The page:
Web Redemption

I was going to finish my series with thoughts about the language of Neuromancer and Cyberpunk. The preface of Mirrorshades describes the genre as having “compressed” prose, as Professor Sample said in class. I have to wonder if it’s only that way because of Gibson’s influence; his writing in Pattern Recognition has a very similar style. But now that I’ve been reminded what our prompt was, I’m just going to link you to the funniest video use of Neuromancer. Ever.

Neuromancer.
I’ll be honest: there isn’t a lot in this book that I find especially foreign. I am familiar with cyberpunk, and am used to seeing the kind of vocabulary used in this novel. I did have trouble identifying the actual, physical location of the Sprawl, but by the end of chapter 2 I already suspected the American East Coast. I still can’t tell you how big the “coffins” are. At first I thought they were just sleeping shells, then people were sitting up in them. Then having sex. I get a claustrophobic feel to it- like a sweaty shirt clinging to the skin- about Molly and Case being in a single coffin. And then, the Cobra. Is it an extendable baton, like an asp? Then it’s described as a metal whip, but then again, people “whip their asps out” in the real world, and things “whip around.” But we already discussed some of this in class today, in our little groups.

Normally, the pacing doesn’t throw me too much. I like the way it jumps back and forth. It reminds me of tabs in a browser, of the way that, when nagivating the Internet, the content you’re viewing and the time it was uploaded and the very framing device you’re using can completely change, repeatedly, in instants. The action scenes are harder to digest. For example, when Linda dies at the end of Part 1, I had to read it several times. In terms of setting, I’m not too confused- but I’m having trouble identifying what actual, physical actions the characters are taking. For me, the book is focusing a lot more on moods and abstract geography. There’s enough details there for me to drift without feeling lost- it’s the real, physical actions that get skipped over, and leave me feeling weird. I wonder if that was intentional. It could be Gibson’s attempt to draw me into the world he’s created, and to make me relieved to leave the messy world of flesh and get back into the vast, abstract vistas of Cyberspace.

In the future my blogs will be more focused on the text itself, like the end of this post. 😉

-Brandon Moore-McNew

This entry was posted in Uncategorized. Bookmark the permalink.

3 Responses to Web Redemption

  1. Tiffany KW says:

    Wow, I enjoyed this post. What show did the video clip come from and was that a really young Julia Stiles in it? I’m in agreement with you about the language in Neuromancer not being problematic. I also agree that the action scenes tend to be harder to track without a quick flip back to double check facts on previous pages. And again, your post was awesome. 🙂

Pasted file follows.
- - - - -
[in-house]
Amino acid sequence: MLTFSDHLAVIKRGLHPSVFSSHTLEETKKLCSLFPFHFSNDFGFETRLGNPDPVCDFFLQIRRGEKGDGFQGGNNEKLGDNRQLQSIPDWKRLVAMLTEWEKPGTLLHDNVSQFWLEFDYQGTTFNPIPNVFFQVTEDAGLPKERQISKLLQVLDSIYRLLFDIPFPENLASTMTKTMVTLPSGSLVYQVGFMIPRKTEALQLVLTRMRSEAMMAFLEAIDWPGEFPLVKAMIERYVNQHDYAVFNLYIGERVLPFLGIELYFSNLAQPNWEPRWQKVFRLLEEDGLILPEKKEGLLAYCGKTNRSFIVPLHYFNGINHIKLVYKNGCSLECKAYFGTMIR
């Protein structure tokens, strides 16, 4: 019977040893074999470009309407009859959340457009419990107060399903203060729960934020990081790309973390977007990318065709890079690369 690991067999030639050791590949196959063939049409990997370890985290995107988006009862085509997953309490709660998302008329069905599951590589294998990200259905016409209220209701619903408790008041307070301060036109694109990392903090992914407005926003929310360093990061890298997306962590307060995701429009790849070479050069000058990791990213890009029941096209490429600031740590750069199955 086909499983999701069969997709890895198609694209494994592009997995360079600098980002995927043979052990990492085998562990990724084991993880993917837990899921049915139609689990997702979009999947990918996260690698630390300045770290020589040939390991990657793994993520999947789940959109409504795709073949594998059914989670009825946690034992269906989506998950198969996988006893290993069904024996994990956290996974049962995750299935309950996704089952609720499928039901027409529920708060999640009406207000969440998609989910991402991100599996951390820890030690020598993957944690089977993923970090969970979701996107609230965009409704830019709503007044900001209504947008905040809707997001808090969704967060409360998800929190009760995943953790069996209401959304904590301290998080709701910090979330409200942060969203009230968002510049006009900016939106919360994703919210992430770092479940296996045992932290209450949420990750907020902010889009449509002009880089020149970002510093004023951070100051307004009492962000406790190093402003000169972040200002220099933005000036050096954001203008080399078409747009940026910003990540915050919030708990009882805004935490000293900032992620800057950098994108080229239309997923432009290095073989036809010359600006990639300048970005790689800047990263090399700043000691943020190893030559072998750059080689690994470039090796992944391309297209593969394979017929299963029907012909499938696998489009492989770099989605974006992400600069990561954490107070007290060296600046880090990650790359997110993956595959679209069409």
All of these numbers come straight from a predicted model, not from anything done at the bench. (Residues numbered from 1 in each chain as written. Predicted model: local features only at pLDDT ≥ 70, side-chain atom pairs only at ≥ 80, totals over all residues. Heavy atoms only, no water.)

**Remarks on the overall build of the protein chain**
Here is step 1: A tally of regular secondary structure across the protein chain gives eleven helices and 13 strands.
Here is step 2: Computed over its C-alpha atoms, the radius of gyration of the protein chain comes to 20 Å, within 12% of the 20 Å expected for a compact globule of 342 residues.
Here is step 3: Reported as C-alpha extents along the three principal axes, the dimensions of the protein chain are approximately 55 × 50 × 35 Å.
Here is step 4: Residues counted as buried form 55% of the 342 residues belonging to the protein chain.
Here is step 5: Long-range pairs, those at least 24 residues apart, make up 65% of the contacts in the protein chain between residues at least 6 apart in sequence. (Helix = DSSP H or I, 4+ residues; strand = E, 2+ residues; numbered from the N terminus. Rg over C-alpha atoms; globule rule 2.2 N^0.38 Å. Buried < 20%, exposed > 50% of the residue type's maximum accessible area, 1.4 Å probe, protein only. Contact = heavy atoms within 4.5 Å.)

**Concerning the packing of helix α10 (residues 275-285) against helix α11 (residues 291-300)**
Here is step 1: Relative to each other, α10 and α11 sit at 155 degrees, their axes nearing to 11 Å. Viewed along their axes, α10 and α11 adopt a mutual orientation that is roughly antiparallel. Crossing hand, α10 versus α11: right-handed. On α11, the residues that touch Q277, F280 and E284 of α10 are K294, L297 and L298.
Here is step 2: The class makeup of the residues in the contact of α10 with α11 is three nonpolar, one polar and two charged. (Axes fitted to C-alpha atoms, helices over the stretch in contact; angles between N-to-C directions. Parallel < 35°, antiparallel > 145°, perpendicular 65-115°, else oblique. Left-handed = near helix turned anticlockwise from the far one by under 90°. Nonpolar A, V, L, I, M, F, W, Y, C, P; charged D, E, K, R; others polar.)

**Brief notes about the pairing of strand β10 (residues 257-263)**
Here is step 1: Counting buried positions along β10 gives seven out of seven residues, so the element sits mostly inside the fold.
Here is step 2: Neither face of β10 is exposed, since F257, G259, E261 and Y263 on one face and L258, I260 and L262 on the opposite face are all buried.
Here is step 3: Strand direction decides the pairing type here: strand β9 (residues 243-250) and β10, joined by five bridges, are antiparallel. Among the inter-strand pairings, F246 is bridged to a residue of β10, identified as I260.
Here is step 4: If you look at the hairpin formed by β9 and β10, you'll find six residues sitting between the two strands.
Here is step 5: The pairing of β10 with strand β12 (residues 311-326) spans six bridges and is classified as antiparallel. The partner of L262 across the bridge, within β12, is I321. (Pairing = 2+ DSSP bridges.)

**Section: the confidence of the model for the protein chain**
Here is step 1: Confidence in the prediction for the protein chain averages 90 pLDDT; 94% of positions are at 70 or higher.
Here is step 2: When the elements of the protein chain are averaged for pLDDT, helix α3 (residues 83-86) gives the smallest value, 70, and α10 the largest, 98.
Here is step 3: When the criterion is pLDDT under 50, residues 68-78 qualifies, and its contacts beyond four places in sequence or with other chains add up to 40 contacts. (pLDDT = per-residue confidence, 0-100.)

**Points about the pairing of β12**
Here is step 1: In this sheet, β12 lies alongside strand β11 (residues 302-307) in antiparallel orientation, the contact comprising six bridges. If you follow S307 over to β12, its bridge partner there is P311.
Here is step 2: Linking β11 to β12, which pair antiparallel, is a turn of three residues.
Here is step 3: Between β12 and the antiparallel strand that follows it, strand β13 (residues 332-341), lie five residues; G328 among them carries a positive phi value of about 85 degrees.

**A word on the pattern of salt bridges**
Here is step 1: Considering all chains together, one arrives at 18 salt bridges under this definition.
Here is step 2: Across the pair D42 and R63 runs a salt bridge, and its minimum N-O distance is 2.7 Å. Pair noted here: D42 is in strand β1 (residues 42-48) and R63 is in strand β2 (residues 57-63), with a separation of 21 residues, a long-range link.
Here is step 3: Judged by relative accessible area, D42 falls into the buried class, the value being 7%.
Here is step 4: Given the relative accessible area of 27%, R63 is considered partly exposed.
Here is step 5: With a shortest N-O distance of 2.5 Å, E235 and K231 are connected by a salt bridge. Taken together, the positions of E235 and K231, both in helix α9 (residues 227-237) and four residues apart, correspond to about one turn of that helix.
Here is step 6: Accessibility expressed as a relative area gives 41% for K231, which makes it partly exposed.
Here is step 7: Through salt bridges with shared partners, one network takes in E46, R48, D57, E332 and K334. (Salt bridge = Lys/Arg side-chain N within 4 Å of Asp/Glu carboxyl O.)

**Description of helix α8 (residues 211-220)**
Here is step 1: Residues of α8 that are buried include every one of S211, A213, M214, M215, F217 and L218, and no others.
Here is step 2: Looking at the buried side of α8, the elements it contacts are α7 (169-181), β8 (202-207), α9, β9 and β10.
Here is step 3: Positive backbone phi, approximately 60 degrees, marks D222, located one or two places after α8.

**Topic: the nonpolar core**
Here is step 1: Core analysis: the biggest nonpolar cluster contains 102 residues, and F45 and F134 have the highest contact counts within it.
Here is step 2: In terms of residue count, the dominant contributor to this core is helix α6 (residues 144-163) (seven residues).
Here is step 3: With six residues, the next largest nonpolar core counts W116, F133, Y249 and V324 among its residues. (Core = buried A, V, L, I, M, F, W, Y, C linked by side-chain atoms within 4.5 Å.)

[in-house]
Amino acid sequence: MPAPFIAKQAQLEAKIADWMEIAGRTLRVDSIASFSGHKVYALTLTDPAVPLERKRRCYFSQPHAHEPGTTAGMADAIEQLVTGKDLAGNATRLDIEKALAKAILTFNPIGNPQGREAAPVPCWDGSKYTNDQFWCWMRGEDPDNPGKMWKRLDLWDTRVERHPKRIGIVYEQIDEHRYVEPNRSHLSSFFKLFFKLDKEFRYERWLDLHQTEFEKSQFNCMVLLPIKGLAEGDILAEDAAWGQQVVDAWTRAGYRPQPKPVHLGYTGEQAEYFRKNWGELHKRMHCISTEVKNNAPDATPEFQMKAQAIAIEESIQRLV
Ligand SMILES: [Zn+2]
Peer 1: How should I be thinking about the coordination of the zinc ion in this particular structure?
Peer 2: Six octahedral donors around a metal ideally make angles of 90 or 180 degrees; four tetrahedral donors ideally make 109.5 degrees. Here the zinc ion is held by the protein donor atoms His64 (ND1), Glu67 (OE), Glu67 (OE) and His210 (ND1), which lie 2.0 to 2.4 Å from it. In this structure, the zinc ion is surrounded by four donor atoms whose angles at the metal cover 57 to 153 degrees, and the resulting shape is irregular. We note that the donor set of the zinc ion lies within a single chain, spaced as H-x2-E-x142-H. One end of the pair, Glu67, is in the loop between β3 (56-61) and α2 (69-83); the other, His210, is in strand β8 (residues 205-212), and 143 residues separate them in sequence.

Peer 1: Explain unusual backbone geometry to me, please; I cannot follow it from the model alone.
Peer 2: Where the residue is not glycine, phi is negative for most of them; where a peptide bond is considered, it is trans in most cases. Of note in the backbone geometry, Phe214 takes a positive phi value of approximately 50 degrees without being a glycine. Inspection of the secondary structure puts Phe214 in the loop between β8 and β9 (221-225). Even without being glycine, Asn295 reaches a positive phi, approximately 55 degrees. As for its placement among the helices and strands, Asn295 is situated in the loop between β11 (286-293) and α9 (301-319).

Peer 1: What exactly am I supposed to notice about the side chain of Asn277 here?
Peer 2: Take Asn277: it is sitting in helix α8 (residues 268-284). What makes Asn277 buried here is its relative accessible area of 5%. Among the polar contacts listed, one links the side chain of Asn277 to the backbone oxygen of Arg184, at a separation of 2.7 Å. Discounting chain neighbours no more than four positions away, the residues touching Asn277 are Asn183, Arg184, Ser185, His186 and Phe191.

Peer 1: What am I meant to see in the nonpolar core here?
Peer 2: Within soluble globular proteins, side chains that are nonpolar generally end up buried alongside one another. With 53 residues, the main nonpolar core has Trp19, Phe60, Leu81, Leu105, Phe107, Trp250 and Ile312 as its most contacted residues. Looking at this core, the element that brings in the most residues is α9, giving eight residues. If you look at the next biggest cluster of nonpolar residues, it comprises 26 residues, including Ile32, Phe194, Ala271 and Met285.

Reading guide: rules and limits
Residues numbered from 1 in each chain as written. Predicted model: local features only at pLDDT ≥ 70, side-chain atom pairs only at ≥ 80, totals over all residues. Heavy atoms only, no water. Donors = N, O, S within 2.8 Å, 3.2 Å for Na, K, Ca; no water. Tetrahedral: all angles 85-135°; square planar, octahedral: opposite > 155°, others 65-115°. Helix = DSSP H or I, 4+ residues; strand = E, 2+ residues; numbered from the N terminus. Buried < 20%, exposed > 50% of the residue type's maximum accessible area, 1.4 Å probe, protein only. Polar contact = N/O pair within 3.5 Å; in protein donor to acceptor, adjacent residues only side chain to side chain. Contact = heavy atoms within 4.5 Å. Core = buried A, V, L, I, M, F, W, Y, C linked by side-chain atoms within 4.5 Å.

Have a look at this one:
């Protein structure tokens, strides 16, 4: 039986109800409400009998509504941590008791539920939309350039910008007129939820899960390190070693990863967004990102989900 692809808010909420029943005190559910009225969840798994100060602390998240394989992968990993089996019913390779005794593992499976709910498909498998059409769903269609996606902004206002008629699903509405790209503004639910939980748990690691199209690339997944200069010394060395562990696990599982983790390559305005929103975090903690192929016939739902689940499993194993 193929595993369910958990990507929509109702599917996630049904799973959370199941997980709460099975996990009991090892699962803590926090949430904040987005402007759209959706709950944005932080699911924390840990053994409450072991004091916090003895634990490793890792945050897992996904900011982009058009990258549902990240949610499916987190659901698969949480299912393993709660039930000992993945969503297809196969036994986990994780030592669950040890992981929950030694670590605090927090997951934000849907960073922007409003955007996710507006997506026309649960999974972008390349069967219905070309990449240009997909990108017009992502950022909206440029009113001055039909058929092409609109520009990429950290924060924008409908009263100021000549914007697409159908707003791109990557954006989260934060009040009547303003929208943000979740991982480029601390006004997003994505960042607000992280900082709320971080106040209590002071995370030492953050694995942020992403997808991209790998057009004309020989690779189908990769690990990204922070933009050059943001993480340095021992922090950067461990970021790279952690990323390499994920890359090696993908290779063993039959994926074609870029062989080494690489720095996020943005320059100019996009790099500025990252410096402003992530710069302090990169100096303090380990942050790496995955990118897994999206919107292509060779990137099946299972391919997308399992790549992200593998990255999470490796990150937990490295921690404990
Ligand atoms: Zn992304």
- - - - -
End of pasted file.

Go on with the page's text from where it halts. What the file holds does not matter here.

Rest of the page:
• bmooremc says:

      Nice to know I’m not the only one going back and saying, “Wait, what?” Thanks!

      It is a really young Julia Stiles. It’s from the TV series “Ghostwriter,” about a group of kids that make friends with a ghost. The ghost can only communicate with them by reading written things and rearranging the letters to make his own messages. Together, Ghostwriter and the kids solve various crimes that seemed, when I was younger, to be a lot more impressive than they are now. Still, it was one of my earliest influences- they all had black and white composition notebooks they called “casebooks,” and even today, those composition books are semi-sacred to me.

  2. “For me, the book is focusing a lot more on moods and abstract geography.”

    It’s interesting that you think that. In his later books (especially his most recent novels) it becomes way more pronounced. Zero History, Pattern Recognition and Spook Country feel almost obsessed with not just those things, but almost moods expressed through geography. It’s the same in his earlier novel All Tomorrow’s Parties too, though there (and throughout that particular trilogy) there’s also a focus on data as geography.

    I thought that the recent Deus Ex video game got the concept of the pods just right – http://static.msxbox-world.com/assets/guide-images/209/18-2.jpg

    +1 for Ghostwriter, I think the Ghostwriter board game is still sitting somewhere in my parents’ basement.

Leave a Reply

Your email address will not be published. Required fields are marked *

CAPTCHA

*